6. Construing the document dated July 26, 1956, we find that the same fulfils all the requirements of being a sale. By this document ownership of the property was transferred by Zamir Ahmad in favour of the assessee for a consideration of Rsr 26,000, At places more than one, the deed clearly recites that the property had been sold in lieu of the consideration of Rs. 26,000 which had been deposited with the vendor by the said ShirajHasan and was lying with him as 'amanat'. There is nothing in this document which could be construed as meaning that a gift was intended to be executed. It may be correct that a document purporting to be a sale may be shown to be in reality a gift but the test is whether there was any consideration for the transaction. In the instant case the Tribunal found that the property was sold for consideration. If there is consideration, the transaction cannot be considered to be a gift inasmuch as it is necessary that a gift must be without monetary consideration. It is a settled rule of construction that the plain and ordinary meaning is to be adopted in construing a document. After applying the aforesaid rule of construction to the facts of the present case we feel no hesitation in agreeing with the view of the Tribunal that the deed could by no stretch of imagination be considered as a gift and was rightly interpreted as a sale.
7. The learned counsel for the assessee, however, urged that as it is necessary that every sale must be preceded by an agreement to sell and since there was no agreement in this case, the court must find that the document was not a sale deed. It is true that a sale really consists of two separate and distinct elements, viz., (i) a contract of sale which is completed when the offer is made and accepted, and (ii) delivery of property that may precede the payment of the price as may have been agreed to between the parties. It is thus clear that every sale necessarily implies a previous agreement to sell but in our opinion the previous agreement may take place only a moment or two before. The arrival of previous agreement to sell can be proved from the circumstantial evidence. The recitals of a sale deed can also be relied upon. In the instant case, the recitals of the document demonstrate and prove that an agreement had been arrived at between the vendors and the vendees before the sale deed was executed. It is, therefore, not possible to hold that the finding of the Tribunal that the document was a sale is erroneous and illegal.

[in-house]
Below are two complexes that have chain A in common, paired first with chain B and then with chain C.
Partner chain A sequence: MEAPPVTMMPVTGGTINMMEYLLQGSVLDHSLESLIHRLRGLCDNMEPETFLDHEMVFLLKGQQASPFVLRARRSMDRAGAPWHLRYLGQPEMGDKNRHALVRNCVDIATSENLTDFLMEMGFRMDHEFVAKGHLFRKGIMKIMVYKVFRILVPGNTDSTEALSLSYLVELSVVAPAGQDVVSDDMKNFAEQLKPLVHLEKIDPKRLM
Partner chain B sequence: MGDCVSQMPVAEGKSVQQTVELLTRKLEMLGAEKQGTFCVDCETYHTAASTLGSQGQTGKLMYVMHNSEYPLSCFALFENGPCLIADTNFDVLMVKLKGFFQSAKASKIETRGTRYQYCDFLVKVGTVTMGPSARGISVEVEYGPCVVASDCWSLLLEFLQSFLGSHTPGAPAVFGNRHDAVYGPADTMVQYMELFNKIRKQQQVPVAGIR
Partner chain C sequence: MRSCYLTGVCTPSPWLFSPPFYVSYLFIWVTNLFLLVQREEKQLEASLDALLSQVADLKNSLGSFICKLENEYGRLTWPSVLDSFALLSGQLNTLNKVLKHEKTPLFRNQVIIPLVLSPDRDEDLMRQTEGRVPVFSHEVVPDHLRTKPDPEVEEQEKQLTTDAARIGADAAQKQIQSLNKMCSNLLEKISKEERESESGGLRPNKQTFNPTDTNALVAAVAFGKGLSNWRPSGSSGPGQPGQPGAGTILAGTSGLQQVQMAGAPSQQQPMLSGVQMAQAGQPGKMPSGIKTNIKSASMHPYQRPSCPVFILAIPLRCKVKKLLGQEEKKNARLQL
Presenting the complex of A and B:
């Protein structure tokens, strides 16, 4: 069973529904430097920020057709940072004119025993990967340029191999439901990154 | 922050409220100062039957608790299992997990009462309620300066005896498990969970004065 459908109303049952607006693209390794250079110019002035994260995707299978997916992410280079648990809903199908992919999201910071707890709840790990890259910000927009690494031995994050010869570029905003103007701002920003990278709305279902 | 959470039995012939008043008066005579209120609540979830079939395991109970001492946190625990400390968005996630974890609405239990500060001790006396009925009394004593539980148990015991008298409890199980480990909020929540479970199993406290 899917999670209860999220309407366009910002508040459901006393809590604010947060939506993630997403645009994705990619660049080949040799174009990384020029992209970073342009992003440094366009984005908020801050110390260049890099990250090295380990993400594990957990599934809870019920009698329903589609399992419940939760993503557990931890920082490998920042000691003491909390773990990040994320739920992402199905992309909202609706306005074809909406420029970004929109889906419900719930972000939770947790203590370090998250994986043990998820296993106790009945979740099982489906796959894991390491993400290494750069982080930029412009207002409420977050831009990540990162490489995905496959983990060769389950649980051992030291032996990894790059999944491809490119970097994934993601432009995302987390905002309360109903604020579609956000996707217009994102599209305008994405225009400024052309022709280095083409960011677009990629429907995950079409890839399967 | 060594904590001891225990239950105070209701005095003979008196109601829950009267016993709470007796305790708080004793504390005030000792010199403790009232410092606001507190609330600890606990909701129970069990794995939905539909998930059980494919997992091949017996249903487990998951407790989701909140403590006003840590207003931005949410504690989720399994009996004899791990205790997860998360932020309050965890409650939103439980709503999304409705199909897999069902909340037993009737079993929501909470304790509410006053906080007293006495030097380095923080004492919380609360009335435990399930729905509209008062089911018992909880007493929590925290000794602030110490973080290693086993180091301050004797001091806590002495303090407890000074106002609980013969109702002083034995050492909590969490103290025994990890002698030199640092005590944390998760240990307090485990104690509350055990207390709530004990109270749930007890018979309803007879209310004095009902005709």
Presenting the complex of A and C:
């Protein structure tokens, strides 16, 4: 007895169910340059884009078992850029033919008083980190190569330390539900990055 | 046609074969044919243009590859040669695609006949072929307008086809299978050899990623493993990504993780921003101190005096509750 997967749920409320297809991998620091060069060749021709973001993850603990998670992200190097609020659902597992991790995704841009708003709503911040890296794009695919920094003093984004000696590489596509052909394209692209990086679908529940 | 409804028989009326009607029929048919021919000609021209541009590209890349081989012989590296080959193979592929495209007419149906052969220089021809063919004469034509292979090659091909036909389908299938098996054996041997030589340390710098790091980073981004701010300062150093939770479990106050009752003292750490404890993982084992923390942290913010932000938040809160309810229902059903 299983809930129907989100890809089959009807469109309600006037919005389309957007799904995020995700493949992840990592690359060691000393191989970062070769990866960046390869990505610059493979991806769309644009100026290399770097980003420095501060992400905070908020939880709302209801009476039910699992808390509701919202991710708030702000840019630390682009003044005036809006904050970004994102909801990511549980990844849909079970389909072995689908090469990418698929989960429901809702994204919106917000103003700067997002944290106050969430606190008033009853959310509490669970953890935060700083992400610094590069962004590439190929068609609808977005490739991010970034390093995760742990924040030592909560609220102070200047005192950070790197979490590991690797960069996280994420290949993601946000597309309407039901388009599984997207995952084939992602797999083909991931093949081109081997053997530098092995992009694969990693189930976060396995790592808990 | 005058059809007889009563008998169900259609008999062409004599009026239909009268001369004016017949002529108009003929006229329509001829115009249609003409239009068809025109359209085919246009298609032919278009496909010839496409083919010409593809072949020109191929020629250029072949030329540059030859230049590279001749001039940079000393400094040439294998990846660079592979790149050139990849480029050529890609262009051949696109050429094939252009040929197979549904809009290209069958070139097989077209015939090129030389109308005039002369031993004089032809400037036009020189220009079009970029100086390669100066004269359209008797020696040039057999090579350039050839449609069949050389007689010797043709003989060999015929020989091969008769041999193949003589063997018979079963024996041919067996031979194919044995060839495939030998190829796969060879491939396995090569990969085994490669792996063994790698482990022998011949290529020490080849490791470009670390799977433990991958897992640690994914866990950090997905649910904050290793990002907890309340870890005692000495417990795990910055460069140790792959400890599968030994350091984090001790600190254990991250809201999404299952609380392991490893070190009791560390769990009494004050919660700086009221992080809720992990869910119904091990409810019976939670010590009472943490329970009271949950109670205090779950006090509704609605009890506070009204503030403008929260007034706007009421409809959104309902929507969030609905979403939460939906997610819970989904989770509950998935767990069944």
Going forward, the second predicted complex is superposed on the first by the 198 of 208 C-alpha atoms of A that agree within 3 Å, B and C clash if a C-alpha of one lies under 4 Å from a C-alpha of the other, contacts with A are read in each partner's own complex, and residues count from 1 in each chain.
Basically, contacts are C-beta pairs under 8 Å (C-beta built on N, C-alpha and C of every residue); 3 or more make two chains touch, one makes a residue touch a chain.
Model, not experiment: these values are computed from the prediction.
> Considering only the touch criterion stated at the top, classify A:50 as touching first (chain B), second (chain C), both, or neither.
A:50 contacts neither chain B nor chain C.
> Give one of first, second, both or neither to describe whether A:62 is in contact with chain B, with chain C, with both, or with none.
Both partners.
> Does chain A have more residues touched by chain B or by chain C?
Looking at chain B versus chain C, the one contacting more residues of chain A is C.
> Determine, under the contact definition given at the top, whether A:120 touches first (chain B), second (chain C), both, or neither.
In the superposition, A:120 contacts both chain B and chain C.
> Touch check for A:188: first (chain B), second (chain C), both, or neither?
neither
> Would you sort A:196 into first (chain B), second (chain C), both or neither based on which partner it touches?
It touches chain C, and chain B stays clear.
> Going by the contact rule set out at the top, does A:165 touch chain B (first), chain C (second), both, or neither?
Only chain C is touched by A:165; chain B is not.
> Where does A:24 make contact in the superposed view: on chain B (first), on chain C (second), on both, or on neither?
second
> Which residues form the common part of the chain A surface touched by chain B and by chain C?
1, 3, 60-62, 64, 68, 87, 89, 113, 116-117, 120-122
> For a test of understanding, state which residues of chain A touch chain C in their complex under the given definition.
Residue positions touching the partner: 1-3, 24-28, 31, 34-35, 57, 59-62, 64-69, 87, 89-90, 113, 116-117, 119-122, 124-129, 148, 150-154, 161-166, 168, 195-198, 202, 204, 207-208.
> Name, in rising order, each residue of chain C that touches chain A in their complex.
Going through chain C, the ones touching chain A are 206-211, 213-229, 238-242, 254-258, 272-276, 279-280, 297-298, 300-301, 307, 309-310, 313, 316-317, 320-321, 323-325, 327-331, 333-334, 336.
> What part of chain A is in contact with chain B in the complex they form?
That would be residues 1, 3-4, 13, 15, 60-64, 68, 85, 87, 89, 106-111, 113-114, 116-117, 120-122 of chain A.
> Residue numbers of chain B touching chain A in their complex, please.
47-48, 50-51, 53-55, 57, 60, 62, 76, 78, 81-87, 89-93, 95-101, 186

8. The learned counsel for the assessee attempted to challenge the finding of the Tribunal also on the ground that there was no consideration for the document. He referred to the definition of the word 'consideration' given in Section 2(d) of the Contract Act and submitted that Rs. 26,000 which was a consideration in the sale deed not having been paid at the 'desire of the promisor' does not fall within the meaning of Section 2(d) of the Contract Act. Reliance was also placed by the learned counsel on a decision of the Privy Council in Raja of Venkatagiri v. Sri Krishnayya Rao Bahadur . In our view, the submission made by the learned counsel has no merit. The Tribunal found proved from the recitals of the sale deed that a sum of Rs. 26,000 had been deposited with the vendor of the sale deed by the father of the assessee. The father of the assessee had also instructed the vendor to purchase a property in the name of the assesseeduring his lifetime. The money deposited with the vendor was thus the consideration which had to be paid for the purchase of the property, when made. It was in pursuance of these instructions of the deceased, Shiraj Hasan, that the property was purchased. In these circumstances, it cannot be said that the consideration for the, sale deed had not been paid in pursuance of the desire of the promisor. The view of the Tribunal, therefore, holding the documents to be a sale deed cannot be said to be illegal.
9. For these reasons we answer the question by holding that the transaction in question was a sale and not a gift. The Commissioner of Income-tax would be entitled to get costs which we assess at Rs. 200.